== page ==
Art&Seek presents This Week in Texas Music History. Every week, we’ll spotlight a different moment and the musician who made it. This Week in Texas Music History, we’ll learn about a piano player who fit a lifetime of jazz into only 16 years.
You can also hear This Week in Texas Music History on Sunday at precisely 6:04 p.m. on KERA radio. But subscribe to the podcast so you won’t miss an episode. And our thanks to KUT public radio in Austin for helping us bring this segment to you. And if you’re a music lover, be sure to check out Track by Track, the podcast from Paul Slavens, host of KXT’s The Paul Slavens Show, heard Sunday night’s at 8.
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On July 3, 1926, Hersal Thomas died of food poisoning. Born in Houston in 1910, he learned piano from his brother George, a pioneer of the popular boogie-woogie style. Hersal Thomas first performed on the streets of Houston, accompanying his sister, Sippie Wallace, one of the most influential blues singers ever to come from Texas. By 1923, Hersal Thomas had moved to Chicago and was touring with King Oliver and Louis Armstrong. In 1925, at the age of only 15, he recorded several songs, including “Suitcase Blues.”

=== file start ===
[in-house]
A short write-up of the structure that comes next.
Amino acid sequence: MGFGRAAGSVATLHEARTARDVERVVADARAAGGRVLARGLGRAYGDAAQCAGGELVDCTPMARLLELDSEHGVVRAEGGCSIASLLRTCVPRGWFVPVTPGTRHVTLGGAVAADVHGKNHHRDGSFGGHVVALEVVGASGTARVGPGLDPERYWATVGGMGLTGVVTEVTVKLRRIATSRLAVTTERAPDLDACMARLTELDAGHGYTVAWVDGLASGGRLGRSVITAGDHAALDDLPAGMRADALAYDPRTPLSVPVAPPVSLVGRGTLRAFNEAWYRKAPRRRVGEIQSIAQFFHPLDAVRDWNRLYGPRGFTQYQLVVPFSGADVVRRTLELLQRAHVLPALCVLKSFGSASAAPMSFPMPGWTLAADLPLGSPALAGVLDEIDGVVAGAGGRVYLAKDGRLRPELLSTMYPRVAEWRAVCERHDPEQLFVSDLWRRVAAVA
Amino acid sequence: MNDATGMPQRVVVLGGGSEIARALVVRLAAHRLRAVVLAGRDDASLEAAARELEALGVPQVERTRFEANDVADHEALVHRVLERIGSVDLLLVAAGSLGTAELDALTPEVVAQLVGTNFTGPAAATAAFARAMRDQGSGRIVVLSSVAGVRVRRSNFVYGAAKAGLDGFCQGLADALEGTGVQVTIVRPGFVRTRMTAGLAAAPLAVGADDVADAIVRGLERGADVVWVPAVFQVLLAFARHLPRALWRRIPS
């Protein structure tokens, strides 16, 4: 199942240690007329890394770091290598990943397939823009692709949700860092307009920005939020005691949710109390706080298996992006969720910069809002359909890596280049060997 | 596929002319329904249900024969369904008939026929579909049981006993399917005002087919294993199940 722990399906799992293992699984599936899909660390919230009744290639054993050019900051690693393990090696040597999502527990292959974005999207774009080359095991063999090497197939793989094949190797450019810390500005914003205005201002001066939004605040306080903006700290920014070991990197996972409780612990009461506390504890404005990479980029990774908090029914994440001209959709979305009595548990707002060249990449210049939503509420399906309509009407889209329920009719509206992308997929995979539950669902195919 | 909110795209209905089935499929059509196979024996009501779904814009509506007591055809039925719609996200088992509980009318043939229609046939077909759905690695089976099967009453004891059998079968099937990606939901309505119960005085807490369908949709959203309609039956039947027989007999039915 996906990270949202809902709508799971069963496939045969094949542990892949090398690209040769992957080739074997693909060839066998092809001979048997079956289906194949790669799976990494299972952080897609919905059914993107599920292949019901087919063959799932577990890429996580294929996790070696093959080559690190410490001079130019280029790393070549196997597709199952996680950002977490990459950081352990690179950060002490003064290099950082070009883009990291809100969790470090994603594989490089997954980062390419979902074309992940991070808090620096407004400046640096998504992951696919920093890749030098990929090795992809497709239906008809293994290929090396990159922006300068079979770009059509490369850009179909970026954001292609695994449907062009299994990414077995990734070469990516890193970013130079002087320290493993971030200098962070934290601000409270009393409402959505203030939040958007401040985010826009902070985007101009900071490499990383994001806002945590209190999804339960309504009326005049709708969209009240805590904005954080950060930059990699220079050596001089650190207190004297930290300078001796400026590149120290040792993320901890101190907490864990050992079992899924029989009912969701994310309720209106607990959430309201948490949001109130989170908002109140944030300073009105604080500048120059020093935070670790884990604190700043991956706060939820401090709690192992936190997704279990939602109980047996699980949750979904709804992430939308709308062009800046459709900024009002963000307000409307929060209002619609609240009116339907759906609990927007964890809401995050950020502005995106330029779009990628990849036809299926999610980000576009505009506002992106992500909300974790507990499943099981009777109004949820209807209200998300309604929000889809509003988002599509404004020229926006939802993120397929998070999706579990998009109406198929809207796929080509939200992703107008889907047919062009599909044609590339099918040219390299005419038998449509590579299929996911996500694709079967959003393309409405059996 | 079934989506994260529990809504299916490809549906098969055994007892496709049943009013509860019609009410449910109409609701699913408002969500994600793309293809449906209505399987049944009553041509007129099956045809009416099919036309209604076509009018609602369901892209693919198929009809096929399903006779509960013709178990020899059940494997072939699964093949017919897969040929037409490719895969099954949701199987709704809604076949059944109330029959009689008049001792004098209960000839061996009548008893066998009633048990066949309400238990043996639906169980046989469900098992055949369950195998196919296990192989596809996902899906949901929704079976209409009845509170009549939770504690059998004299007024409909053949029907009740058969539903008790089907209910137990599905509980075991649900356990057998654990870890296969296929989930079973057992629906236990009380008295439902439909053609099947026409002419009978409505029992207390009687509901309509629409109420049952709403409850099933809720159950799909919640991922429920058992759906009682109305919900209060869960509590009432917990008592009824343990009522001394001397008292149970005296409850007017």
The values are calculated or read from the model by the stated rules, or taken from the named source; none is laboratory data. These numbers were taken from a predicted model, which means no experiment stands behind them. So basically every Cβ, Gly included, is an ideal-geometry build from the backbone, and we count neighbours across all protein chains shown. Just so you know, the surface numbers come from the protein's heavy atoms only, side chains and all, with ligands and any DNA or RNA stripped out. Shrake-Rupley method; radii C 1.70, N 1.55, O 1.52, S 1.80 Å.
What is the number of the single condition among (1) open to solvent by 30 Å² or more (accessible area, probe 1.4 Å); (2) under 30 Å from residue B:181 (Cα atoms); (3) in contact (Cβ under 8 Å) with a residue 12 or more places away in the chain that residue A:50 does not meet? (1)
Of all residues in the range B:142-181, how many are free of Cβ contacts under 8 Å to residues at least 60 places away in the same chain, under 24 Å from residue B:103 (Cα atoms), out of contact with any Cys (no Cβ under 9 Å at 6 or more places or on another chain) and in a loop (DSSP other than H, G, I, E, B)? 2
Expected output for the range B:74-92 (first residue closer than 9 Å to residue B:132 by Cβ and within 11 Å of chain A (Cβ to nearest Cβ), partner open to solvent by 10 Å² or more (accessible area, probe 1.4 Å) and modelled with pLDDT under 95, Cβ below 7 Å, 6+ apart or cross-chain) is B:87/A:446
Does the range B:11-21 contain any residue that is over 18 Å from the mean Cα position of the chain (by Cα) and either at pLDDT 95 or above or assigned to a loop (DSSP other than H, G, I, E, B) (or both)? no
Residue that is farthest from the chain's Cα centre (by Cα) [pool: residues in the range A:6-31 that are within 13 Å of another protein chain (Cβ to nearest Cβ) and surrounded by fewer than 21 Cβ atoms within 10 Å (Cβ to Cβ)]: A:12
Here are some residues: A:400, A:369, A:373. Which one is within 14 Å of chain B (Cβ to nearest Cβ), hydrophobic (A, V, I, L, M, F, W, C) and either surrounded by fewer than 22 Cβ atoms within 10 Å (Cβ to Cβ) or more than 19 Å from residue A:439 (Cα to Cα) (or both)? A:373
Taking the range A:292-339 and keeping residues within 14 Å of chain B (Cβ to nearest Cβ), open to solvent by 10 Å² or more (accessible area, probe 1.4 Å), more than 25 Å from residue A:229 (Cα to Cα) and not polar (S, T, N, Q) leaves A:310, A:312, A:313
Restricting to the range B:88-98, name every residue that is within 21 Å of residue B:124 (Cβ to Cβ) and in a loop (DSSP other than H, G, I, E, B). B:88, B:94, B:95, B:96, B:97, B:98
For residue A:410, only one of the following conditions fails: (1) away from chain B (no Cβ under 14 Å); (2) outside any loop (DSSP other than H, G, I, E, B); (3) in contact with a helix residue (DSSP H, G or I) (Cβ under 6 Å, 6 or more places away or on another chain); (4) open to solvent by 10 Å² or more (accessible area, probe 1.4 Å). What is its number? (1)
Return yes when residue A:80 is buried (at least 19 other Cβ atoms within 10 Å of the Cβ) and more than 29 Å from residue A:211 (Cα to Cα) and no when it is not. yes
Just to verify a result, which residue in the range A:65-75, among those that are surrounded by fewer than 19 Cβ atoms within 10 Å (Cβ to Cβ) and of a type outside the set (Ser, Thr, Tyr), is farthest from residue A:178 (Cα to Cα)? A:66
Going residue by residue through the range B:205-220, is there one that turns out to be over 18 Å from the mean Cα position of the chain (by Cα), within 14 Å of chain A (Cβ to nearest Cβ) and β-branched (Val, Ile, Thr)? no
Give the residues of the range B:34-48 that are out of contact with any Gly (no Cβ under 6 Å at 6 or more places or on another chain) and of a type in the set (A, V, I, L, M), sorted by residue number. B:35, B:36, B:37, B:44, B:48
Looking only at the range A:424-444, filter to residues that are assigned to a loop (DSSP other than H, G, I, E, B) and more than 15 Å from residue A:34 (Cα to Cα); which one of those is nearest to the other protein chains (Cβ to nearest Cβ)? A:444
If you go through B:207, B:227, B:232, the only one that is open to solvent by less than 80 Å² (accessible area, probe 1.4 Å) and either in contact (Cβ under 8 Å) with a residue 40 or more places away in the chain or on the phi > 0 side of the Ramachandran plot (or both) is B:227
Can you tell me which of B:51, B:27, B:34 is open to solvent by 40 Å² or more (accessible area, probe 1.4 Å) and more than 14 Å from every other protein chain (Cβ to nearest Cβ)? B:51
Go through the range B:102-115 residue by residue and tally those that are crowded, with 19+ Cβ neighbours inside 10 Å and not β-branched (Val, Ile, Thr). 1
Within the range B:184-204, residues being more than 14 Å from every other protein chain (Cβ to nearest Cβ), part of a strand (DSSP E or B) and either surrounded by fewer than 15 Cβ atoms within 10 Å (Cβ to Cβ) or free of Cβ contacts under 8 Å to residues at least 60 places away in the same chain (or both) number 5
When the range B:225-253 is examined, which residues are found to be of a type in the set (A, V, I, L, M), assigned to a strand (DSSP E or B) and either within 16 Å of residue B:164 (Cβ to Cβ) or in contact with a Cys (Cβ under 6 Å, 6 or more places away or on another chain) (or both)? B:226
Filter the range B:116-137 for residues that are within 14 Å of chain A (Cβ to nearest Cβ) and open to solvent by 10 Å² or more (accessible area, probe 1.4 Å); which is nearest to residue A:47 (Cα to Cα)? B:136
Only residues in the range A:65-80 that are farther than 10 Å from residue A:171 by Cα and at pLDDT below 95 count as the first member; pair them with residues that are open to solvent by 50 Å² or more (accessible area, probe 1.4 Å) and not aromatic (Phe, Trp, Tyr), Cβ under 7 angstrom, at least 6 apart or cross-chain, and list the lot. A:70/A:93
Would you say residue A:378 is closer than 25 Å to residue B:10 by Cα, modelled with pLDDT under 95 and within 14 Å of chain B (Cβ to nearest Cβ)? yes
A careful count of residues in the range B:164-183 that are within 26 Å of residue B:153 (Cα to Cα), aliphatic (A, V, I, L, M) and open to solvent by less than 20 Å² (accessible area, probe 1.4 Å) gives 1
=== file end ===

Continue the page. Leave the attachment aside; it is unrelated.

Hersal Thomas’s death at the age of 16 brought a tragic end to his brief but prolific career. However, his legacy lives on through countless other piano players who have borrowed from Thomas’s innovative style.
Next time on This Week in Texas Music History, we’ll meet a creature that terrorized Fort Worth but inspired many local garage rockers.